One of the world's premier laugh fests, the Melbourne International Comedy Festival is a veritable wonderland for fans of the funnies. Australia's biggest cultural event, more than 600,000 people attend hundreds of shows from hundreds of the world's biggest and best comedians over an entire month.
After such a hectic four weeks, sometimes performing multiple shows a night, comedians could be forgiven for wanting a detox from stages, audiences, pre-gig nerves and post-gig applause.
Not so, says Aussie funnyman Marcus Ryan, who has signed himself up for a string of shows around the country as part of the Melbourne International Comedy Festival Roadshow which snakes its way into Wollongong between Thursday and Saturday.
"I'm enjoying a break right now after the festival, but I've got that post-festival depression that some comics get," Ryan says as we catch him on the phone.
"We sleep for half a week straight, then realise we want to be performing every night again."
Ryan will be the MC for the night, running the show as he introduces some of Australia's brightest upcoming comedy talent including, David Quirk, Bev Killick and former Triple J radio host Tom Ballard. A team of humans cramped together on a road trip in a van for weeks on end might seem more the territory for rock bands, but Ryan says it presents a welcome change from the usually solitary profession of comedy.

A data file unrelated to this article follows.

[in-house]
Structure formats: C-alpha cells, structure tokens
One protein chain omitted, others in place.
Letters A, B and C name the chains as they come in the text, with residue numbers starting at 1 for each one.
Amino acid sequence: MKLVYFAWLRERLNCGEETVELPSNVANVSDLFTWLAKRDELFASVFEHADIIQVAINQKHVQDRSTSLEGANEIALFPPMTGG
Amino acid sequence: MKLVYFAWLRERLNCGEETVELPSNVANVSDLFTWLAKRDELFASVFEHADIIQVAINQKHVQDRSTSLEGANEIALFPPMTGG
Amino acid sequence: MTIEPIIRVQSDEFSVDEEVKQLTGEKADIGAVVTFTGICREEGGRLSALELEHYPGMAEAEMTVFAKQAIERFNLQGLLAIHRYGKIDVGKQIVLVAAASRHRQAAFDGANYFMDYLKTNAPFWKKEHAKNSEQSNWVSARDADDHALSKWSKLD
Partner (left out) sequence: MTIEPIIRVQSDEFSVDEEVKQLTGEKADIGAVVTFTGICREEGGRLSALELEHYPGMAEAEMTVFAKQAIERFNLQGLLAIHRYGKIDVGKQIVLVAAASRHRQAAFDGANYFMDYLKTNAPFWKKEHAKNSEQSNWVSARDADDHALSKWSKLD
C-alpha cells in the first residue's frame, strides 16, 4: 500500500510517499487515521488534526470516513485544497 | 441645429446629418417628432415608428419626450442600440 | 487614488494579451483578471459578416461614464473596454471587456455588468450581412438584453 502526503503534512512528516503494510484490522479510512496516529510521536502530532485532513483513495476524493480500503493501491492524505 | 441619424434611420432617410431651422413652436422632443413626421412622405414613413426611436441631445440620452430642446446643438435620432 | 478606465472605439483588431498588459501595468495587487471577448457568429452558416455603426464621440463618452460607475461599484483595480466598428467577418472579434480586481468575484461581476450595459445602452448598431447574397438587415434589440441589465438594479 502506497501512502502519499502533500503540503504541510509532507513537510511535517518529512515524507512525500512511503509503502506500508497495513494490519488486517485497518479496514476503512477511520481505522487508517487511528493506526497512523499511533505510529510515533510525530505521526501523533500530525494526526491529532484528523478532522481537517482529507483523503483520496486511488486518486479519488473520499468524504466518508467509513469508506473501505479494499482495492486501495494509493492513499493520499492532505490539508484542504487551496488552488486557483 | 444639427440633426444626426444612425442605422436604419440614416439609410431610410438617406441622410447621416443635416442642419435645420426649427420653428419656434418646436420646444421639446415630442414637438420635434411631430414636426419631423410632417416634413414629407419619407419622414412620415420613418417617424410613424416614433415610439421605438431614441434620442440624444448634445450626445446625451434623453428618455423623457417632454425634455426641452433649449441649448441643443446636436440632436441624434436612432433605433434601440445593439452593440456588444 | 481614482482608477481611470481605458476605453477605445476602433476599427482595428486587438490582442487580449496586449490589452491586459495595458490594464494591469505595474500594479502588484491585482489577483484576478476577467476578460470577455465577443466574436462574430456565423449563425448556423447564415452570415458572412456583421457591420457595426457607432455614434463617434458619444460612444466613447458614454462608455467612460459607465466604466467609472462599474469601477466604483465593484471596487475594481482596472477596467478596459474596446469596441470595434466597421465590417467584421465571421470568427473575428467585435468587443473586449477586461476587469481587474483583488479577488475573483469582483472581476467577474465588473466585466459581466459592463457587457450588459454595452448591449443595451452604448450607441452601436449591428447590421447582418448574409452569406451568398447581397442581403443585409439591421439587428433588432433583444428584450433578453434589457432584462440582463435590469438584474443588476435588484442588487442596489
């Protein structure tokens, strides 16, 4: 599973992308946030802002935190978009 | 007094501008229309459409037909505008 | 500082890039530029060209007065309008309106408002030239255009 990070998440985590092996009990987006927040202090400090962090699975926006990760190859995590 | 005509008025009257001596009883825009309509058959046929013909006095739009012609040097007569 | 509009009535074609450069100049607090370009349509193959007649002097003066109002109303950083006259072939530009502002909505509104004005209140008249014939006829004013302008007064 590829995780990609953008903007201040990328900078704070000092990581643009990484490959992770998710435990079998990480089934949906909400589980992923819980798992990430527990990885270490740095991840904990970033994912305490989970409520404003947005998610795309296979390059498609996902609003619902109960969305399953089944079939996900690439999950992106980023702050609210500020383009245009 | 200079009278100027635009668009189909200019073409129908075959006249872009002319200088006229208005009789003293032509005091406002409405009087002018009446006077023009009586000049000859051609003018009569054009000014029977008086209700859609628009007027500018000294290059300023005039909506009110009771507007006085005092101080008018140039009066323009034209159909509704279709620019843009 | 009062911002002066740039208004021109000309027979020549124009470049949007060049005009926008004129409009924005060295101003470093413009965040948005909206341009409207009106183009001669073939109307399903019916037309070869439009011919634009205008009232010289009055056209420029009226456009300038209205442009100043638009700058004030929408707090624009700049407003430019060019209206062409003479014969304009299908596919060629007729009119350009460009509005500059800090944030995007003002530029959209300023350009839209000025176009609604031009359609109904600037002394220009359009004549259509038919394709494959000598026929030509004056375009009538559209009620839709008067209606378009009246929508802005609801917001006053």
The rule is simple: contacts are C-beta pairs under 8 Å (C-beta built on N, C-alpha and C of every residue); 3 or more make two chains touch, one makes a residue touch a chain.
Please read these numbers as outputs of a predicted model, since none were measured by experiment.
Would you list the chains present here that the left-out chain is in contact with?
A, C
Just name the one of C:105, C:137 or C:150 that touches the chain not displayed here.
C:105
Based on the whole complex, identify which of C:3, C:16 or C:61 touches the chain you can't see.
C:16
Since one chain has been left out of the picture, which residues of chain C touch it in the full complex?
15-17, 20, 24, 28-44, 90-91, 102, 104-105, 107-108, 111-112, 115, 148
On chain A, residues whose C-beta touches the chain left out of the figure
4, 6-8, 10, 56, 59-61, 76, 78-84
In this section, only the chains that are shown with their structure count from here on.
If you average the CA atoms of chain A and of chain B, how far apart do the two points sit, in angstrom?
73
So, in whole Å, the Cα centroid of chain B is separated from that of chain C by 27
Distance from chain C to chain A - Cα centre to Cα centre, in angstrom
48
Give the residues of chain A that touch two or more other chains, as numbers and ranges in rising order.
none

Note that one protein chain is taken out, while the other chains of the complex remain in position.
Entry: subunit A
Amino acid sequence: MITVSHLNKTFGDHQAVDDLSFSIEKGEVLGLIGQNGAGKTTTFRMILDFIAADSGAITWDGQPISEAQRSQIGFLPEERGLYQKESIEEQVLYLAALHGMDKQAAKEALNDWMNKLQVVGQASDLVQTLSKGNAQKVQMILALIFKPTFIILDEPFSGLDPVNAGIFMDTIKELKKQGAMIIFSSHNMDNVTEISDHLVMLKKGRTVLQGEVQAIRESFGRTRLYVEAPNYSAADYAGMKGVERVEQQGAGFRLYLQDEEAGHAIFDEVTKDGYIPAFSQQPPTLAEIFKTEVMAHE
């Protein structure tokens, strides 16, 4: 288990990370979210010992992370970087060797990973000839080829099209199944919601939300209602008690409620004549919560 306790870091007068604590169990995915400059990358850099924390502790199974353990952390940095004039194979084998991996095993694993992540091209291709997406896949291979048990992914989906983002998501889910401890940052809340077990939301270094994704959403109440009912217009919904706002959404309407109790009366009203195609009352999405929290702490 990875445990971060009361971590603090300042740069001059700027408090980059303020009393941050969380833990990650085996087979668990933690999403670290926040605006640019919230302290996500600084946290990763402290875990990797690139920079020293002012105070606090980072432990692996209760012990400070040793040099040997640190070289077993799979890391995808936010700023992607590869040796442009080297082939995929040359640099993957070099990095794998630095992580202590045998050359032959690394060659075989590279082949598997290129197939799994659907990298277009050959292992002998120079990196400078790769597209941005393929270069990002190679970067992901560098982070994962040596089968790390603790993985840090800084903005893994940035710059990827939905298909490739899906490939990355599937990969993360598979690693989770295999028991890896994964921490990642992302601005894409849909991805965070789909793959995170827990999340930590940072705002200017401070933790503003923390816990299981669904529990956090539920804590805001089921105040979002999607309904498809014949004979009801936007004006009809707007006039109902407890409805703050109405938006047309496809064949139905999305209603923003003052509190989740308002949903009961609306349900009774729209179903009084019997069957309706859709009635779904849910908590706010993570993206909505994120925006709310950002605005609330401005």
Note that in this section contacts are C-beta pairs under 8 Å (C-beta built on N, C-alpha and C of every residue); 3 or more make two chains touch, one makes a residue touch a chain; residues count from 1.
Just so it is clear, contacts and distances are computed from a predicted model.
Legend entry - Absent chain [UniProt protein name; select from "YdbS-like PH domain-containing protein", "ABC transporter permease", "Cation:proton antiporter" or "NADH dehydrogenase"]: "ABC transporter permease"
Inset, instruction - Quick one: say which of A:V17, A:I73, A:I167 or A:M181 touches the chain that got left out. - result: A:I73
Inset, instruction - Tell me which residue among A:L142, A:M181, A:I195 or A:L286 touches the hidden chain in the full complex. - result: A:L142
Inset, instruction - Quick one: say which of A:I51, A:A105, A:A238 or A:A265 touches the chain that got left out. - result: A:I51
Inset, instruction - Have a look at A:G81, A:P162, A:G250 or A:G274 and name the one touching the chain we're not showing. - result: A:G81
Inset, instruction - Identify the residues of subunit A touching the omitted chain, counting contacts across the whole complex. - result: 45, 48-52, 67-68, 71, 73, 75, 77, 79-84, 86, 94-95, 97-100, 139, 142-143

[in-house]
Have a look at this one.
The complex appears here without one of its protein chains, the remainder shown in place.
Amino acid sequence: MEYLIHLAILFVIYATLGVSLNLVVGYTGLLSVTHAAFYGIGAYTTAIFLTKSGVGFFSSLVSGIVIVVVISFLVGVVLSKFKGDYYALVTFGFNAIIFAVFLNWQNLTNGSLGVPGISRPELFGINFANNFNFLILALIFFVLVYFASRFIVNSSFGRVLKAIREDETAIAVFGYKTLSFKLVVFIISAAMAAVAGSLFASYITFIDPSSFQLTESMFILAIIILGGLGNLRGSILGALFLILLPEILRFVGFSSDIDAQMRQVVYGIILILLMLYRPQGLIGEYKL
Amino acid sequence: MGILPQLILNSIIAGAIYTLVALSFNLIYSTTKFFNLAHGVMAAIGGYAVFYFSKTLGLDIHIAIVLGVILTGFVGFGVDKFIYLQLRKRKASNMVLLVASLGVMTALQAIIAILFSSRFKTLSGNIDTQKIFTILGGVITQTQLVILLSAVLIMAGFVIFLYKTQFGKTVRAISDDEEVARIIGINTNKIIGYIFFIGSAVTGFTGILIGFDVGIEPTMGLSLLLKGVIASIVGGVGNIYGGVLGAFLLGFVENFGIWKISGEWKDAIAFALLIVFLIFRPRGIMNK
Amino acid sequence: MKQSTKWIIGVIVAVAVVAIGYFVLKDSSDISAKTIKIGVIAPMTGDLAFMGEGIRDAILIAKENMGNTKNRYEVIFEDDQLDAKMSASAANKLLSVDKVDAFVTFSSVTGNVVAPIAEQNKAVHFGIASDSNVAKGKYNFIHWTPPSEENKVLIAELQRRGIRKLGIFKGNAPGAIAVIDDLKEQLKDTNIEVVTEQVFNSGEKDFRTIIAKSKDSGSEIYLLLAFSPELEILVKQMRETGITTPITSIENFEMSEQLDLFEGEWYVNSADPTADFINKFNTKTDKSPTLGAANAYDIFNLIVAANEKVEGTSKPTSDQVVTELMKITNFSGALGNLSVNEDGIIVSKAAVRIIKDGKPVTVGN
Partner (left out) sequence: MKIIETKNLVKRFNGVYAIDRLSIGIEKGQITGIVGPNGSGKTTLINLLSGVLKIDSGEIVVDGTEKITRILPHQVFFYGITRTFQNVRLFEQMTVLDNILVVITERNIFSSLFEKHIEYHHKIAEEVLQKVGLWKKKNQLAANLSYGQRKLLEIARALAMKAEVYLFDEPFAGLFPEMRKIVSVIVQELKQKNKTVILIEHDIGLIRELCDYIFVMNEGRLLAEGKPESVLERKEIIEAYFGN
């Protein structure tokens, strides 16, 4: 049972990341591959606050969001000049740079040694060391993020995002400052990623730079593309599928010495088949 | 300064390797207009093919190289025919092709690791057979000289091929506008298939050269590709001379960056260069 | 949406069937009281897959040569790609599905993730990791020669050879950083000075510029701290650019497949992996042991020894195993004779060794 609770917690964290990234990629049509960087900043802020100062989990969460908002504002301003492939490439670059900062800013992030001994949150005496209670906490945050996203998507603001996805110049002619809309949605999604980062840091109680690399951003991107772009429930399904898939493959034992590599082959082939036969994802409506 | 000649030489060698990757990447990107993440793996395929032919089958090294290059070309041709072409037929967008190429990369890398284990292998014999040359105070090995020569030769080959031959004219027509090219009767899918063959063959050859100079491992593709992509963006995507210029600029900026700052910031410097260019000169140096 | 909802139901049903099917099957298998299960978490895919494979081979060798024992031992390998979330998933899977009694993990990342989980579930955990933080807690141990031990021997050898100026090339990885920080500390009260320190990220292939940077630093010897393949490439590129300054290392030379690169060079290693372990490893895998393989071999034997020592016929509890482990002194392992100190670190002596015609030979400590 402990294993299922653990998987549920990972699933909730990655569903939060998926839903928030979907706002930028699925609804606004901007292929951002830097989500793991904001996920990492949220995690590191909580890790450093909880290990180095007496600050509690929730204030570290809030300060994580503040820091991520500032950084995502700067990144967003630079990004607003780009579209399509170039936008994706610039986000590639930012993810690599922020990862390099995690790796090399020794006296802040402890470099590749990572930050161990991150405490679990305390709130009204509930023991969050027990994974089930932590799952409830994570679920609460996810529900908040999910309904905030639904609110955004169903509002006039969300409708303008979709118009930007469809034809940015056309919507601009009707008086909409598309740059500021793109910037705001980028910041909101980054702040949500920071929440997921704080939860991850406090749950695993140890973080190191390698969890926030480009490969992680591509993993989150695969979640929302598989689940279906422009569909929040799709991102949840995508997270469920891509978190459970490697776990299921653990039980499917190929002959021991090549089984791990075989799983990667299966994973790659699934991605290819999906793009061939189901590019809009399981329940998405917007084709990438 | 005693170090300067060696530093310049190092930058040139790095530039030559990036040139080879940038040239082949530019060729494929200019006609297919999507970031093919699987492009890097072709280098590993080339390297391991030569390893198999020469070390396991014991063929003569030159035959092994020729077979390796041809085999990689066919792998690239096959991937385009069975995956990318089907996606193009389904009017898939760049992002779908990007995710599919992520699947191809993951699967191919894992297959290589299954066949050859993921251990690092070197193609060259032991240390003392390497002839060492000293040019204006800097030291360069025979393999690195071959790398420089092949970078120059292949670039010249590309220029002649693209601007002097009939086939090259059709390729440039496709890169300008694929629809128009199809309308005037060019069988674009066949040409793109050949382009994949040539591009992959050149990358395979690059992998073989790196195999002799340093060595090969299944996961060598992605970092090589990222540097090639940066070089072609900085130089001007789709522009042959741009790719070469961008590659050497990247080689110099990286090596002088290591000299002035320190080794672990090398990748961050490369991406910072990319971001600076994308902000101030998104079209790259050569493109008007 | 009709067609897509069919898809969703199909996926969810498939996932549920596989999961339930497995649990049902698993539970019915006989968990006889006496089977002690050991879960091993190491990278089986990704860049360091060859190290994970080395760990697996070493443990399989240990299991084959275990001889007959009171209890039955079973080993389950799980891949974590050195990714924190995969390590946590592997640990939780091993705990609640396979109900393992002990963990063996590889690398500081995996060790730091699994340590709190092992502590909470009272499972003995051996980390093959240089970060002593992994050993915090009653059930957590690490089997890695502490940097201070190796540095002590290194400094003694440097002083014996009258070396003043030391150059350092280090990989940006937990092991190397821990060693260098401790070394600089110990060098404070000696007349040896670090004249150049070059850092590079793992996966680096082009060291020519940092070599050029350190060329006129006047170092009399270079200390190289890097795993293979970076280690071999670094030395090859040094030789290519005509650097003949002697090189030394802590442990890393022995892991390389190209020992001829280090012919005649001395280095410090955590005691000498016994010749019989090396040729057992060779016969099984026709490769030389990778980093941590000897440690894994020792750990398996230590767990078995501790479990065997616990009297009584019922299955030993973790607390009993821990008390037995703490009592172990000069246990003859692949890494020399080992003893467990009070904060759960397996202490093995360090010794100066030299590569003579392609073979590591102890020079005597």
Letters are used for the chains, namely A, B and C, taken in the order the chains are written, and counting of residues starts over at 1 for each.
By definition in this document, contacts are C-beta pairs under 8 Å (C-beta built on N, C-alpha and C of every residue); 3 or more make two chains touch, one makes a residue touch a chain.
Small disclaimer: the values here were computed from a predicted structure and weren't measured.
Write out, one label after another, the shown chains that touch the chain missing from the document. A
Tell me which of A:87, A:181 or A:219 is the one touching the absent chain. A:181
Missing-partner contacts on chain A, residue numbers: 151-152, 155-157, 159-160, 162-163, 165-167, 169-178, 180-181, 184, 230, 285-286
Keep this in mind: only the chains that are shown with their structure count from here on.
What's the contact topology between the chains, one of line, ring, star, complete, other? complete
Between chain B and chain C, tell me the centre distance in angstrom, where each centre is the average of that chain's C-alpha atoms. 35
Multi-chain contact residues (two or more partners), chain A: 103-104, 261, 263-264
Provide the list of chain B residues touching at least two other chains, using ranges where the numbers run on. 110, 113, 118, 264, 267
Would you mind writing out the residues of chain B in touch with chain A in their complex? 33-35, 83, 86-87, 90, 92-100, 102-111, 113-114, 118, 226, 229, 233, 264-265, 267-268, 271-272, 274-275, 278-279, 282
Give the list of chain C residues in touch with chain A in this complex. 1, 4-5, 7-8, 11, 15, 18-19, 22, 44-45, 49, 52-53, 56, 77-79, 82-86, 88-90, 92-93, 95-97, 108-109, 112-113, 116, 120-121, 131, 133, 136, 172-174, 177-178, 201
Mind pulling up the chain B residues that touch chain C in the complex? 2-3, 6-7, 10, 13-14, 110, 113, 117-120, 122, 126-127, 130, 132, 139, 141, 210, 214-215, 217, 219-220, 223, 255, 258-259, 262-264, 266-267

"In festivals you run into everyone every day, but on the road you might only run into another comic every few months," he said.
"On a show like this, we travel together, stay in the same hotels, live out of each other's pockets a lot. If you get along, it's great, but if you don't then it's trouble."
Ryan, however, has the added advantage of being the host of the show, meaning he isn't expected to leave audiences in stitches every night - indeed, from much experience MCing comedy nights in the UK and US, he said audiences were pleasantly surprised he even offered jokes at all.
"It's different between being a host or the other comedians. Some people don't even see my job as being a comedian, they will come up to me after the show and tell me 'you're funny, you should be a comedian'," he laughed.
"I just hold the show together. I can play around with the crowd, chat, and don't have to use too much of my material."
The line-up is not a roll call of the biggest names from the Melbourne festival, but it is meant to be a selection of the names likely to be playing huge sold-out theatres in years to come.
Ryan says the drawcard of the roadshow is exposing a smorgasboard of new, up-and-coming talent to the masses.
"A lot of people around festival time just want to come and see the international acts, but they don't go to see local talent in the rest of the year."JOSHUA BUTLER